Average house prices growth in the UK has slowed to 3.5% but there are stark regional differences with falls in London and the South East and stronger growth in the Midlands and the North.

The latest housing market analysis from Carter Jonas reveals that Northampton experienced the highest rate of annual house price growth of 6.5% in the 12 months to May 2018 while there was a fall of 2.8% in Oxford and a fall of 6.7% in the prime central London market.

Overall, national house price growth is on an upward trajectory, but continues to slow with rates ranging between 1.5% and 3.5% for much of 2018 to date, compared to an annual average of between 7% and 9% in the four years prior to 2017.

The report says that while the UK average house price growth indicates a positive picture for the market, further analysis reveals an ongoing juxtaposition between house prices in the north and south. While there has been notable growth in the Midlands, the North, Scotland and Wales, this is buoying overall market trends but hiding the regional differences.

It explains that with fall in price central London and Oxford, there is a distinct tale of price moderation in some of the traditionally affluent regions. After almost a decade of consistent growth, a disparity has emerged between house prices and affordability and as wages fail to keep pace with house price rises, buyers inevitably move elsewhere in search of better value.

By contrast, values in the North West rose by 5.3%, by 3.6% in the North East, by 3.2% in Yorkshire and the Humber and by 3.1% in the West Midlands. As well as strong growth in Northampton, Leeds also saw a significant rise of 5.7%.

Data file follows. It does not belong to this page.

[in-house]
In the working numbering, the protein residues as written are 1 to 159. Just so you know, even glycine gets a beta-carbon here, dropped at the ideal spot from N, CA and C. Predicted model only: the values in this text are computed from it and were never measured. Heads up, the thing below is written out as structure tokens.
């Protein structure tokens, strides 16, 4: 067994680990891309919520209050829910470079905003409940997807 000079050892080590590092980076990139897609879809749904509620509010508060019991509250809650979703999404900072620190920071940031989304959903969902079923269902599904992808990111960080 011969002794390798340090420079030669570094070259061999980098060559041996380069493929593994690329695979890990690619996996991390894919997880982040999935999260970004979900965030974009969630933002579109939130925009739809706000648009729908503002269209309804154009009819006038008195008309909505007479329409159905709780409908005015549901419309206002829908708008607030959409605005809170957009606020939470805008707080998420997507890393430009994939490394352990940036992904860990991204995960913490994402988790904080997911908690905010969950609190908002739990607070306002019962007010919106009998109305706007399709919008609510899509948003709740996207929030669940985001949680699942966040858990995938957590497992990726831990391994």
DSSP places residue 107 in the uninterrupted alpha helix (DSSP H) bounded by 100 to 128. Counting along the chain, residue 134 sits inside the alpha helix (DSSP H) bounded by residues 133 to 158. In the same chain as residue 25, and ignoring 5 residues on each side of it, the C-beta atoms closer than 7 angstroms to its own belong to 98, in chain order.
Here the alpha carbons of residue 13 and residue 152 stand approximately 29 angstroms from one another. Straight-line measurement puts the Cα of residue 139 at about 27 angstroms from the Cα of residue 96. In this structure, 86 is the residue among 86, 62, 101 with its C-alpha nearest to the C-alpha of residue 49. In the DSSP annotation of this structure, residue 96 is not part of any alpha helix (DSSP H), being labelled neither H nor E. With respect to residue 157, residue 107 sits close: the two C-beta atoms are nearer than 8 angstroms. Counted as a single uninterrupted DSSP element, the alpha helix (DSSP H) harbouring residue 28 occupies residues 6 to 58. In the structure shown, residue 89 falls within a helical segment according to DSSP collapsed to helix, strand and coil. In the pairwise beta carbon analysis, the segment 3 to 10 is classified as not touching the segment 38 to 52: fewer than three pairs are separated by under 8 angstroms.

The polarity between values in the North and South of the UK is also reflected in sales volumes. Comparing average monthly sales volumes in the periods January 2014 to February 2016 and April 2016 to February 2018, Wales saw growth of 7.2%, there was a rise of 5.3% in the North West and a rise of 5.2% in Scotland.

It points out that a reduction in transaction volumes is commensurate with a slowdown in house price growth, it largely derives from the second home and investor market. Indeed, buy to let mortgages have declined on average by 35% since April 2016, and by 10% in the 12 months to March 2018 alone.

While there has been a 2% increase in first time buyer mortgages over the same period, the increase isn’t significant enough to counterbalance the recession of landlords from the market.

‘After a period of rapid house price growth in London and the South East, a slowdown was always inevitable, and arguably essential, to allow wages to catch-up and buyers to be able to finance their move,’ said Rory O’Neill, head of residential at Carter Jonas.

‘The correlation between areas of affordability and an uptick in transaction volumes is a trend we should expect, particularly given that buyers are increasingly price conscious and brilliantly savvy about how best to make their budget work for them,’ he explained.

‘Perhaps what is most shocking is the 35% decline in buy to let mortgages since the taxation levy was introduced in April 2016. The implication is that rental stock levels will fall into decline, placing greater pressure on a property market already constrained by lack of supply. For that reason alone, the Chancellor needs to consider whether stamp duty penalties are truly the right solution to resolving the housing crisis,’ he added.